Twin Centre Holiday in Cuba
Havana was the last city to fall during Castro’s revolution, and was to be my first port of call. I was expecting to see everywhere but it is such a dynamic, energetic city there is so much to do. People packed the narrow, cobbled streets of the old town as we began our first day of exploration. They constantly stopped to greet each other with a handshake, a kiss or a song. They didn’t walk down the street, but rather danced down it.
The buildings in Havana are truly beautiful, with an air of faded glory. Restaurants line the sides of the square where you can stop for a meal and listen to the roving musicians playing Cuban-African jazz. Cuba has a rhythm in its heart, so it was no surprise to find that the island has a vibrant music scene. Any excuse for a party goes, and jazz festivals and carnivals happen throughout the year. One of the country's most famous nightspots is the open-air Tropicana nightclub, which opened in 1939. We were served our meal while hundreds of performers took to the stage, dancing to live salsa and rumba in elaborate costumes.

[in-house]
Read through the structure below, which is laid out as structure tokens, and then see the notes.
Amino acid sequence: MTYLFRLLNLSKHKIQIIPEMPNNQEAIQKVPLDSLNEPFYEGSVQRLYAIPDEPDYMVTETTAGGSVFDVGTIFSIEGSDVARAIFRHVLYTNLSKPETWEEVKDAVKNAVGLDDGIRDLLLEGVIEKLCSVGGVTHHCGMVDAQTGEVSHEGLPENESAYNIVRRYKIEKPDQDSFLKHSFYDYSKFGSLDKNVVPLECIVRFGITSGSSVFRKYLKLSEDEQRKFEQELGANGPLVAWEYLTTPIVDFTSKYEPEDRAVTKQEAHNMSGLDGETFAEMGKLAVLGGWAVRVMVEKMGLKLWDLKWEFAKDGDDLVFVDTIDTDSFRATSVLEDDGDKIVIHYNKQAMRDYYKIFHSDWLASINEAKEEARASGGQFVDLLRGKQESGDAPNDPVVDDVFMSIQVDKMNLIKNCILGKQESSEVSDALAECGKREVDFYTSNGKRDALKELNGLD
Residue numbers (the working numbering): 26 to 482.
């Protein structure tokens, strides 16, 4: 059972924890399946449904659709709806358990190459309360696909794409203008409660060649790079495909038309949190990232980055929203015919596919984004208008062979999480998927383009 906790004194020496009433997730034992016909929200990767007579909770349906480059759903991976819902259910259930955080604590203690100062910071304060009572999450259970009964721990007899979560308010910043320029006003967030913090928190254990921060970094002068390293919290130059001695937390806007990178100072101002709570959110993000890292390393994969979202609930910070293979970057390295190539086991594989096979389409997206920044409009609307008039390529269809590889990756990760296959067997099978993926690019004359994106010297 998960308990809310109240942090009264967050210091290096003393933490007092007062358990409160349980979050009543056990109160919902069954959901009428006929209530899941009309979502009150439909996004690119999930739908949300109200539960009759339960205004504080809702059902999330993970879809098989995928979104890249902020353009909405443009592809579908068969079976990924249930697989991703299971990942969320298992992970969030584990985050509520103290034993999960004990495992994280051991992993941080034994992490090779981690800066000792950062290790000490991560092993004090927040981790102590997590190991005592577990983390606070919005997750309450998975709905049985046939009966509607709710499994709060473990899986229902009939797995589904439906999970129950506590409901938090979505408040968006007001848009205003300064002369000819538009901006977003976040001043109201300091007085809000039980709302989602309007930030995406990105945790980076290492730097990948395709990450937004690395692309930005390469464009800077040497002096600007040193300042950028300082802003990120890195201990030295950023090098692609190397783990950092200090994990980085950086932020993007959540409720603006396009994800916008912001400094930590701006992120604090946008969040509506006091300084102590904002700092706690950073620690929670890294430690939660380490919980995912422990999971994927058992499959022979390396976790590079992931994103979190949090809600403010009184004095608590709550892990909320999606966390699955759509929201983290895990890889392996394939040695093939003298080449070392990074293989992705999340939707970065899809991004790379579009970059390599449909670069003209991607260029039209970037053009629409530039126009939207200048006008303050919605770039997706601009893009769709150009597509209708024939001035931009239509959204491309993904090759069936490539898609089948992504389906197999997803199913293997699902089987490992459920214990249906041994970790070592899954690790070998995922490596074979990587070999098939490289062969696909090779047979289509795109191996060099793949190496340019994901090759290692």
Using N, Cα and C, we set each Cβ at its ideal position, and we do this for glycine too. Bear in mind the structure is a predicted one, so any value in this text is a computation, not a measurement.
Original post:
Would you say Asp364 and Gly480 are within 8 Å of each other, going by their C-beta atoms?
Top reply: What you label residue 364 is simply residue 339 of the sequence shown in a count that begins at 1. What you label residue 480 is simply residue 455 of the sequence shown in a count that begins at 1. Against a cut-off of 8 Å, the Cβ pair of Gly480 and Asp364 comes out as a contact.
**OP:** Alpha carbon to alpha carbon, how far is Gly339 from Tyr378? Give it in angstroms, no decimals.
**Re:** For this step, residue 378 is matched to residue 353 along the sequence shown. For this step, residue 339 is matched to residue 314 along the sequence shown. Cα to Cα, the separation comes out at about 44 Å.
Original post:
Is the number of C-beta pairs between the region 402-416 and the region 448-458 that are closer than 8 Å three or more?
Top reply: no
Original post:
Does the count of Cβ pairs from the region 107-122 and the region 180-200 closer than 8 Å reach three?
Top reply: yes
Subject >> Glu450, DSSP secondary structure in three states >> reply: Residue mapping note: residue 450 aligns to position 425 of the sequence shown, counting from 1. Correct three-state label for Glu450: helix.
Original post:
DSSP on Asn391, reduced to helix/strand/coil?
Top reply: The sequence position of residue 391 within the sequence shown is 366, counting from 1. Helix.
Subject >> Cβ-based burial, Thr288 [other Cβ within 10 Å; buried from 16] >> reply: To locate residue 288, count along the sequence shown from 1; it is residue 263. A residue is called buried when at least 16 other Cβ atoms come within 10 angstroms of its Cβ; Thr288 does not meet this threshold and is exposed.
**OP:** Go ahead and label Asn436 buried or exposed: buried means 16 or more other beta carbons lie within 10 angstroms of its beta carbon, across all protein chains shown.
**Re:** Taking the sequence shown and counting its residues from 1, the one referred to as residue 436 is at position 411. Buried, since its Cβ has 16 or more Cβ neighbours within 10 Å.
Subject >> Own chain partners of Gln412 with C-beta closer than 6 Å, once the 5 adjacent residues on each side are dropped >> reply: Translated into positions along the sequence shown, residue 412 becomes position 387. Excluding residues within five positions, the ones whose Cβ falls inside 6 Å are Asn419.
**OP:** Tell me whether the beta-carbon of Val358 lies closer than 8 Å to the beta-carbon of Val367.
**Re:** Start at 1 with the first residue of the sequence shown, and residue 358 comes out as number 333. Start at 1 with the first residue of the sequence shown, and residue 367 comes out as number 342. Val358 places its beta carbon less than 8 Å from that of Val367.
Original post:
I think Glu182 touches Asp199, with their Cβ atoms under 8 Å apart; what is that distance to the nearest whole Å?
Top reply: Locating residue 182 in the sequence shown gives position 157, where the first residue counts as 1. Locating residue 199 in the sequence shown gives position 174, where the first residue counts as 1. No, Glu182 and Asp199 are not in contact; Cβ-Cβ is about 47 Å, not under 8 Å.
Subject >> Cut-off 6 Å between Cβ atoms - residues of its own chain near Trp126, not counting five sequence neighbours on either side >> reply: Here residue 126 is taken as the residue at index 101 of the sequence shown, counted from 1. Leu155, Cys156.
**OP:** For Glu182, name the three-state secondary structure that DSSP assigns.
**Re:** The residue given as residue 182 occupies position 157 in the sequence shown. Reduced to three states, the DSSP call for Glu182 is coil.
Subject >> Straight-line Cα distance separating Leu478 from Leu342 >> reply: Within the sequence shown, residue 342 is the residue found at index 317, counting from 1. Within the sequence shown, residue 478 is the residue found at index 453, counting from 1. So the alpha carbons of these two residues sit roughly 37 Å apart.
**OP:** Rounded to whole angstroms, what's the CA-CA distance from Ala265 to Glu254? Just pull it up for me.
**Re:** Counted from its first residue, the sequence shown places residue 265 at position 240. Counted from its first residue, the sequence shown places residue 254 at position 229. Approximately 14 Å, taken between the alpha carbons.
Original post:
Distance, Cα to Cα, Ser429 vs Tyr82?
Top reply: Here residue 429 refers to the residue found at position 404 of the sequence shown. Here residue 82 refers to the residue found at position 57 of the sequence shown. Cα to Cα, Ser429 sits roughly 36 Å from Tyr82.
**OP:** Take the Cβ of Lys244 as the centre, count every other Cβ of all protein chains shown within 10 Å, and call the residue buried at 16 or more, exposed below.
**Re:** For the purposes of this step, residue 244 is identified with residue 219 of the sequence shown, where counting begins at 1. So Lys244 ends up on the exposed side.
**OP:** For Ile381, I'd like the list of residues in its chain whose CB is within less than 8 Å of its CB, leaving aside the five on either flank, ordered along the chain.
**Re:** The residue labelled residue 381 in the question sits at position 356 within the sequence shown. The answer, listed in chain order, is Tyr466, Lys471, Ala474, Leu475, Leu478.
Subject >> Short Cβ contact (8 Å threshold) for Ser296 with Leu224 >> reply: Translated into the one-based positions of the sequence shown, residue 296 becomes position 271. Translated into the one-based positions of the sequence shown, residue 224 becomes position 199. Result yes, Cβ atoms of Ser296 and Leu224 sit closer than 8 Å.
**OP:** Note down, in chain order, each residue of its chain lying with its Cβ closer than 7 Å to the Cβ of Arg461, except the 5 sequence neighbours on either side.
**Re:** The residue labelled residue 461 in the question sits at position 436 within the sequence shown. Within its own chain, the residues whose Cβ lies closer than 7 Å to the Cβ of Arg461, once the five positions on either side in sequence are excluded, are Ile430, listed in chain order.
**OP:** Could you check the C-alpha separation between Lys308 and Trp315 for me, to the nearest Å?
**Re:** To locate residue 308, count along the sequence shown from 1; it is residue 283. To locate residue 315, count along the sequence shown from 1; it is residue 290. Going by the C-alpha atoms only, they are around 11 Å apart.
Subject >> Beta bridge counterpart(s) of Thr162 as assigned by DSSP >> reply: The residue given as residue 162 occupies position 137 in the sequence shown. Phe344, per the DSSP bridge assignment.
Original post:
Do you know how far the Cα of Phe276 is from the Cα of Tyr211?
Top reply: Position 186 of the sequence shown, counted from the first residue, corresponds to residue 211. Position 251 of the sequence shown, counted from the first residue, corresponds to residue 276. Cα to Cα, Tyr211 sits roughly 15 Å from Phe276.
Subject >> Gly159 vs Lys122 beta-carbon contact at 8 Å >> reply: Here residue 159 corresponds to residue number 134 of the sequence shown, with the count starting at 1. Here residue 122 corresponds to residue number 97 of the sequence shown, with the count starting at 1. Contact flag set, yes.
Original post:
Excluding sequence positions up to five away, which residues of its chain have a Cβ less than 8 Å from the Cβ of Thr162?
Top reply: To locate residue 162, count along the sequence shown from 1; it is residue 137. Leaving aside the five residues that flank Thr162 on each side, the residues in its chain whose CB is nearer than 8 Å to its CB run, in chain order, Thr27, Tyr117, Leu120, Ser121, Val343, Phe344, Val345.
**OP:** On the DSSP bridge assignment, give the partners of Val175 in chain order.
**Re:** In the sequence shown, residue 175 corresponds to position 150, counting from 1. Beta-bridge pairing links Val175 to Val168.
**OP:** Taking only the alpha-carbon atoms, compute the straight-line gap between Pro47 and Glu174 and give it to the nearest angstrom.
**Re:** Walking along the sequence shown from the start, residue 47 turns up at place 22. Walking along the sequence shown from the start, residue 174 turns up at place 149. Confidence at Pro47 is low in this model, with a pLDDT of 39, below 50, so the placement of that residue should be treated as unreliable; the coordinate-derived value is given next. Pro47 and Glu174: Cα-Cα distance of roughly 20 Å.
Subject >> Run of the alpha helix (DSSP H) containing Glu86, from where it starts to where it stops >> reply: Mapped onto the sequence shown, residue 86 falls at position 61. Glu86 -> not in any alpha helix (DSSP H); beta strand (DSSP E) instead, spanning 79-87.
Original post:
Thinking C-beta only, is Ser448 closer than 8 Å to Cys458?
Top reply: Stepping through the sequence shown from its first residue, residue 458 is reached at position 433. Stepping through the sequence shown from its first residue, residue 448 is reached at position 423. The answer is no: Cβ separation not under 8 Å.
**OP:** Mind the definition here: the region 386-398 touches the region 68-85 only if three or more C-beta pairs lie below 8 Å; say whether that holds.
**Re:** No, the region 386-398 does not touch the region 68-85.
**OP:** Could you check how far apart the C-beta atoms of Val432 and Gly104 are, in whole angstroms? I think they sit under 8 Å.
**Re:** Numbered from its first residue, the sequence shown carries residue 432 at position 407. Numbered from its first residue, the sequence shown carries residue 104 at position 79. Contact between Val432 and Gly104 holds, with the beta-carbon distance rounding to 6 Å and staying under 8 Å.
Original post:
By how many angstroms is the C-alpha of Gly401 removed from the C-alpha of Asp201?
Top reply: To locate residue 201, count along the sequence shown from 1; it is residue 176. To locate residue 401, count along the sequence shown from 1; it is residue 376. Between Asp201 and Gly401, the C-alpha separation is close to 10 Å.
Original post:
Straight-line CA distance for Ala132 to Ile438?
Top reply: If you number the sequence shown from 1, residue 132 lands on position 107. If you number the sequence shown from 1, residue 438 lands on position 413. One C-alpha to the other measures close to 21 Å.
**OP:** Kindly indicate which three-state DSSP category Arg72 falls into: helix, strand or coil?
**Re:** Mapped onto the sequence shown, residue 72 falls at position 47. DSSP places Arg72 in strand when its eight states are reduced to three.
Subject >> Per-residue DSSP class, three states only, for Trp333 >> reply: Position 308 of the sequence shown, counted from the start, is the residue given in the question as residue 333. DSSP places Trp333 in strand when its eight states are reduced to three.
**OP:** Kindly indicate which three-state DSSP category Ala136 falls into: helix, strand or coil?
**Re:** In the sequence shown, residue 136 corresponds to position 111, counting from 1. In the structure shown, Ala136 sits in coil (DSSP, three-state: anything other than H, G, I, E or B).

Old Havana is best seen on foot, and there are some great pedestrian paseos. I spent the next couple of days walking the city, along Empedrado and Calle Obispo, lined with shops and restaurants, small art galleries, and a crafts market. The staples of a Cuban meal are pork, beans, and rice, but the fish is excellent, the paella heavenly. Last stop, the beach. In Varadero, I stayed at the Iberostar Laguna Azul Hotel, an all-inclusive place filled with Canadian, European, and Latin American tourists. Varadero beach Cuba’s longest and one of the best in the Caribbean. It may be popular but thanks to its sheer size there’s enough space for everyone.
Cuba is a fascinating destination, and I can help you to arrange your holiday of a lifetime in Cuba!